totally smart I would build me a overunity motor or magnet motor, just

love that stuff, Many thanks Buddy

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November 19, 2015 at 6:24 PM delete

OK, but I'll also need to know what supply voltages these two lamps used...only then I'll able to judge the LED specs and then accordingly would be able to tell you the resistor value and the wiring detail for connecting these together with a 12V supply.

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November 20, 2015 at 3:36 AM delete

Thanks for the help, I do not know the supply voltage the bat went dead and would not charge and it does not have any markings on it or the light all it has is a marking of a number of the circuit board, SS272-B one of those china made or some place does not have a brand name, sorry Buddy

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November 20, 2015 at 8:53 PM delete

OK but without the voltage I wouldn't be able to calculate the resistor value...so it can be difficult to configure the design

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November 21, 2015 at 6:30 AM delete

thanks for the help, So I am confused if you have an white led with a 32 ohm resistor you can not just add another resistor to use with 12 volt batt, what about just taking that resistor out and just replacing it with one that works with 12 volts, I think I will make it easy just cut that resistor out put in a jumper in to connect two LEDS and put in the resistor you have shown above and be done with it, what do you think, or am I missing something which is almost all ways, thanks for your thoughts, buddy

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November 21, 2015 at 10:10 AM delete

either I have to know the original voltage spec used in the unit, or you can tell me the LED current (mA) rating...any of the two will be sufficient for calculating the resistor value....if neither of this is known then it would be impossible to calculate the correct resistor value.

the other method is to try by trial and error method which can be fatal for the LED or can make them work inefficiently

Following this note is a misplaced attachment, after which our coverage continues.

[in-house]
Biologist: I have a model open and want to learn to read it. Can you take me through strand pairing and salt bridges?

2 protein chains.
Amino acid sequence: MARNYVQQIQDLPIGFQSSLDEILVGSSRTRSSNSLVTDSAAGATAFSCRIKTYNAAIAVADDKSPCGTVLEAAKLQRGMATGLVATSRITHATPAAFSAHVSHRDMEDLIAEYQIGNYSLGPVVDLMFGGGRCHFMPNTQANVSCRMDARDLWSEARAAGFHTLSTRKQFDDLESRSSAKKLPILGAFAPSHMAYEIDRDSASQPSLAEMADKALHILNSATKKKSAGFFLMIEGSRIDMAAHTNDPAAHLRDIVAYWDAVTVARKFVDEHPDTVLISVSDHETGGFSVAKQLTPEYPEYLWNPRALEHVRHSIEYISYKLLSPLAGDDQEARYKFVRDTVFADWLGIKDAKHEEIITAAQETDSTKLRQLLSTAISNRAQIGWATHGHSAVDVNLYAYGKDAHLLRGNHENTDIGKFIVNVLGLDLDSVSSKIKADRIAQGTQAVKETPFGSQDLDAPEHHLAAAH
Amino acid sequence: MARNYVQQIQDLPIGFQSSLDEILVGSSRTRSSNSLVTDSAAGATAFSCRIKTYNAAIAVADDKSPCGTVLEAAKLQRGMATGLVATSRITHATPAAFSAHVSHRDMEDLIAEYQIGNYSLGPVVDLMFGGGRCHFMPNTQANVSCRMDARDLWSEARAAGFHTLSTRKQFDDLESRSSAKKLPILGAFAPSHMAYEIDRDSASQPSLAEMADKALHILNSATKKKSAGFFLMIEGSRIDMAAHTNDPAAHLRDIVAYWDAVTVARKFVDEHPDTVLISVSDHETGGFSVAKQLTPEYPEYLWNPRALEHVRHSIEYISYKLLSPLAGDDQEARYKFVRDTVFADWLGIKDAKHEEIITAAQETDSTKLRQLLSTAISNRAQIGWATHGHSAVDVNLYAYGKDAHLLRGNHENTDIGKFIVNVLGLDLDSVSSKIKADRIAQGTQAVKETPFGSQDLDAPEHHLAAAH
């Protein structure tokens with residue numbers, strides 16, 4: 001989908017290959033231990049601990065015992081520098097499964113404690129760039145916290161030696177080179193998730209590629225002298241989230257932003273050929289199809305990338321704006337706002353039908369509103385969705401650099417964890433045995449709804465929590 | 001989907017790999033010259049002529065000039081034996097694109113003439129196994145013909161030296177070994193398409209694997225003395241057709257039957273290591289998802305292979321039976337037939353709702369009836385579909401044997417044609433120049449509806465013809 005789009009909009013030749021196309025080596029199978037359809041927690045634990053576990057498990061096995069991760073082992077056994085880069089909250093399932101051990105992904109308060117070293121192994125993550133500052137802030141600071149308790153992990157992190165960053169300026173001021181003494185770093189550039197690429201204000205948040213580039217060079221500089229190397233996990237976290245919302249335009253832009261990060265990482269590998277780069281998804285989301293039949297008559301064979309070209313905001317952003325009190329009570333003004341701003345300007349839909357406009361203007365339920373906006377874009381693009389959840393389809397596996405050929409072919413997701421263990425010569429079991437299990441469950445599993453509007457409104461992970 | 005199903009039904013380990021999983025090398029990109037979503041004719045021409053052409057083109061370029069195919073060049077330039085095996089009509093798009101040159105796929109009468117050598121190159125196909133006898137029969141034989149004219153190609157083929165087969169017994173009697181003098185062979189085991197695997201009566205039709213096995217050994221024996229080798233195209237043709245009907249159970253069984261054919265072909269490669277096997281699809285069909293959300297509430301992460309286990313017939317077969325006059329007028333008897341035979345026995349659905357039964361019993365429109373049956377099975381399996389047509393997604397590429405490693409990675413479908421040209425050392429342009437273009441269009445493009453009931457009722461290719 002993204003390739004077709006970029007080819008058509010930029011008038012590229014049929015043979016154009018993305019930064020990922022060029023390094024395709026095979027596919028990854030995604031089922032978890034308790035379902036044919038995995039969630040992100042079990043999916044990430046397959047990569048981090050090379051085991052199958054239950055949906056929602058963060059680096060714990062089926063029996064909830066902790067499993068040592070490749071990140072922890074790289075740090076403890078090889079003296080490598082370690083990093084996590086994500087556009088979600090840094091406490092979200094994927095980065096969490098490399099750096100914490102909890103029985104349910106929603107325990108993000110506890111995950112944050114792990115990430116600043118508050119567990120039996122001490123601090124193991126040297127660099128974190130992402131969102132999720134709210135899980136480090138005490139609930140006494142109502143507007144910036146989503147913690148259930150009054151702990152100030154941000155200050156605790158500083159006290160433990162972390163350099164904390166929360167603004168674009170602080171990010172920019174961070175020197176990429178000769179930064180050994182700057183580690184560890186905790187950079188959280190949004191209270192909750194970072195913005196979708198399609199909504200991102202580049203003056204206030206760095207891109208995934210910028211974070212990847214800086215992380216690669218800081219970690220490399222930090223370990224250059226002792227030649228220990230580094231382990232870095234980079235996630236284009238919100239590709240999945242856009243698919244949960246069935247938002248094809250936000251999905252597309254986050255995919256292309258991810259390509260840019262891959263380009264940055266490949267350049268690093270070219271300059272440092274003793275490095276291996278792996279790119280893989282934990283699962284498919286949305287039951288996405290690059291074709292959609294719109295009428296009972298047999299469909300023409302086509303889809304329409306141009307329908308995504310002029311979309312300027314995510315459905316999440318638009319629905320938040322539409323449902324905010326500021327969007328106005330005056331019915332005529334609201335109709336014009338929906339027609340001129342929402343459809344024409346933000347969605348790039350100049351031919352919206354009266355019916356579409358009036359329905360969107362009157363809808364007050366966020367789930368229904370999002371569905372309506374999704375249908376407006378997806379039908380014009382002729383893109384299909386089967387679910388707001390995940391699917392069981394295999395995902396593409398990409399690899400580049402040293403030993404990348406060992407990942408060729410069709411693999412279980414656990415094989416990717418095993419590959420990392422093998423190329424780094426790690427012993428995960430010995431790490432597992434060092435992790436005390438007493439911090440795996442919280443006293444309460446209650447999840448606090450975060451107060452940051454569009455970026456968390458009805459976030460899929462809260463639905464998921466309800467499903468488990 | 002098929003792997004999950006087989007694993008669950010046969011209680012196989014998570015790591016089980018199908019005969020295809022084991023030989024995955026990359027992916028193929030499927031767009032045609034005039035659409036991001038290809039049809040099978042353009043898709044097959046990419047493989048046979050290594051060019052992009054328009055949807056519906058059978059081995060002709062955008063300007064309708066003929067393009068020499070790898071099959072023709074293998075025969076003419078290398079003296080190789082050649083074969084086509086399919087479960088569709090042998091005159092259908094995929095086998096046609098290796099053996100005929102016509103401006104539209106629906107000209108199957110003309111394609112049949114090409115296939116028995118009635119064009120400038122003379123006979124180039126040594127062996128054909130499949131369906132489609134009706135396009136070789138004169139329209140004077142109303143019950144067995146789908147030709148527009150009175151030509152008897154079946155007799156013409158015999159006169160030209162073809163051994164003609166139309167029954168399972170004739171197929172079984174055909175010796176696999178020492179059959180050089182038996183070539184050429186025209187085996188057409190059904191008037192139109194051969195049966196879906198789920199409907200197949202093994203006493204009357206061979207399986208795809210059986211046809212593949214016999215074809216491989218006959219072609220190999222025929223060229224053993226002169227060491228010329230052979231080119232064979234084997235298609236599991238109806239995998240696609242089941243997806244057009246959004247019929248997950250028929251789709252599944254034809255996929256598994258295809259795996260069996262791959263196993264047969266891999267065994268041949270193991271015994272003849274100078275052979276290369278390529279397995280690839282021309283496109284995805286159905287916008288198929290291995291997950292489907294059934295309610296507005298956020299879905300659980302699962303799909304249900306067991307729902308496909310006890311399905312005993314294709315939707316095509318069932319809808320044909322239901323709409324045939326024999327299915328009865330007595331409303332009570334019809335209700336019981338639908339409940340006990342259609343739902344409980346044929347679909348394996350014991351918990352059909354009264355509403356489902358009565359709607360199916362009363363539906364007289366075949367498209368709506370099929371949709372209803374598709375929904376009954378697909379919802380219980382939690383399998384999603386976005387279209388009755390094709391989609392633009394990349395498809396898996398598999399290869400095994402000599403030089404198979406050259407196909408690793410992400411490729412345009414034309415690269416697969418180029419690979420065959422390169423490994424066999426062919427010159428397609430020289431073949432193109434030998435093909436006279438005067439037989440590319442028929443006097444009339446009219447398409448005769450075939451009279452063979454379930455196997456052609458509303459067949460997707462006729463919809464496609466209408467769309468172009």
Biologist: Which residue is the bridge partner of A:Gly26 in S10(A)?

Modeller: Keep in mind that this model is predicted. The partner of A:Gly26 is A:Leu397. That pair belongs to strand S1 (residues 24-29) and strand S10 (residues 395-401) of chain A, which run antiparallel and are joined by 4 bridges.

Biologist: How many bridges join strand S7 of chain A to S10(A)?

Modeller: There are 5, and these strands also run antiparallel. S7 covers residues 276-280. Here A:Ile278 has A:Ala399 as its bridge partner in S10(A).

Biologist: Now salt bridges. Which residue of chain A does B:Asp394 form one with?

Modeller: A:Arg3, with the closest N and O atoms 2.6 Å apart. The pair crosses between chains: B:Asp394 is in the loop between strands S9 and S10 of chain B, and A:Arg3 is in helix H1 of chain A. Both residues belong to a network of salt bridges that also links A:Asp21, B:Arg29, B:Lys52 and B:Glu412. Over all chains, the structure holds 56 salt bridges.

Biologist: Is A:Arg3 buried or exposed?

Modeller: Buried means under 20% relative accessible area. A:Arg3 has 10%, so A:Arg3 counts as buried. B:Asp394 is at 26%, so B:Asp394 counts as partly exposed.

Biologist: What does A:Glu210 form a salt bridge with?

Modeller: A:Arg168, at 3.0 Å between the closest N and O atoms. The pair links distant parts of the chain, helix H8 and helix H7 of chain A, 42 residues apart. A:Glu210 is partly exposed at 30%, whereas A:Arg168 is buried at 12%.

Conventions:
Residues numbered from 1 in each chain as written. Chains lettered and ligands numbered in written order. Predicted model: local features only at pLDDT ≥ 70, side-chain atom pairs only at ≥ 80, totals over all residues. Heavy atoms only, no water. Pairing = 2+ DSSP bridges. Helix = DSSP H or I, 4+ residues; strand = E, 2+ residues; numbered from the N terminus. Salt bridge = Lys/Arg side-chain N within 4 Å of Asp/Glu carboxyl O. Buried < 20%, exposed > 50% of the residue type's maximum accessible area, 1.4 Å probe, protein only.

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November 21, 2015 at 4:11 PM delete

Thanks for your reply, I did miss something I thought all white LEDS had the same (ma) rating and voltage draw, I told you I know just enough to get my self in trouble, I guess it is going to be trial and burnout method, they are free now and if I can not make them work I was going to throw them away anyway, going to hook them as they are to a 5 volt phone charger first to see if they burn or burn HA HA, it is never easy when you are trying to recycle free electronics< if you do not snap, crackel and pop you are not learning, that is like I crashed 3 computers before I learned how to use dos and now you use windows do not need dos, thanks Buddy

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November 22, 2015 at 9:17 PM delete

sure buddy, you won't learn unless you sacrifice a few of the valuable things...

you can experiment on a single LED, by applying 12V to it through an arbitrarily selected high value resistor such as a 1K, then go on reducing this value until you find the resistor getting to hot or may be the LED on the verge of getting destroyed, this will tell you which value of resistor was actually optimal during the procedure...

wish you all the best.

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November 23, 2015 at 5:13 AM delete

Ok thanks, if does not work I will just build one of your Emergency circuits thanks Buddy

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December 12, 2015 at 5:46 AM delete

Could I still build this circuit if I used 18V (2 x 9V batteries connected together) and used about 150 LEDs and 150 470Ohm resistors?

IF I could do this, how long would it light for?

Many thanks in advance.

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December 12, 2015 at 5:22 PM delete

yes it's possible just make sure each string now includes 5 LeDs in series with 150 ohms in each series

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December 12, 2015 at 5:30 PM delete

Thanks for your speedy answer.

Unfortunately, time is of the essence here, and I won't get the 150ohm resistors in the mail before the project is due.

Could I alternatively use a string of simply 470 ohm resistor with each individual led (in parallel) instead of 5 leds with 150ohm resistor? Like this:


│led+470 ohm resistor│
│ │
│led+470 ohm resistor│
│ │
│led+470 ohm resistor│
│ │
│led+470 ohm resistor│
│ │
│led+470 ohm resistor│
│ │
│led+470 ohm resistor│
│ │
│led+470 ohm resistor│
│ │
│led+470 ohm resistor│
│ │
│led+470 ohm resistor│
│ │
│led+470 ohm resistor│
│ │
│led+470 ohm resistor│
│ │
│led+470 ohm resistor│

etc.

Thanks again for any help you can give.

Patrick

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December 13, 2015 at 10:15 AM delete

18 - 3.3 / 0.02 = 735 ohms

470 will burn the 5mm 20 mA LEDs at 18V

as per the calculations it will need to be at least 735 ohms.

you could for a 680 ohm or even a 1K.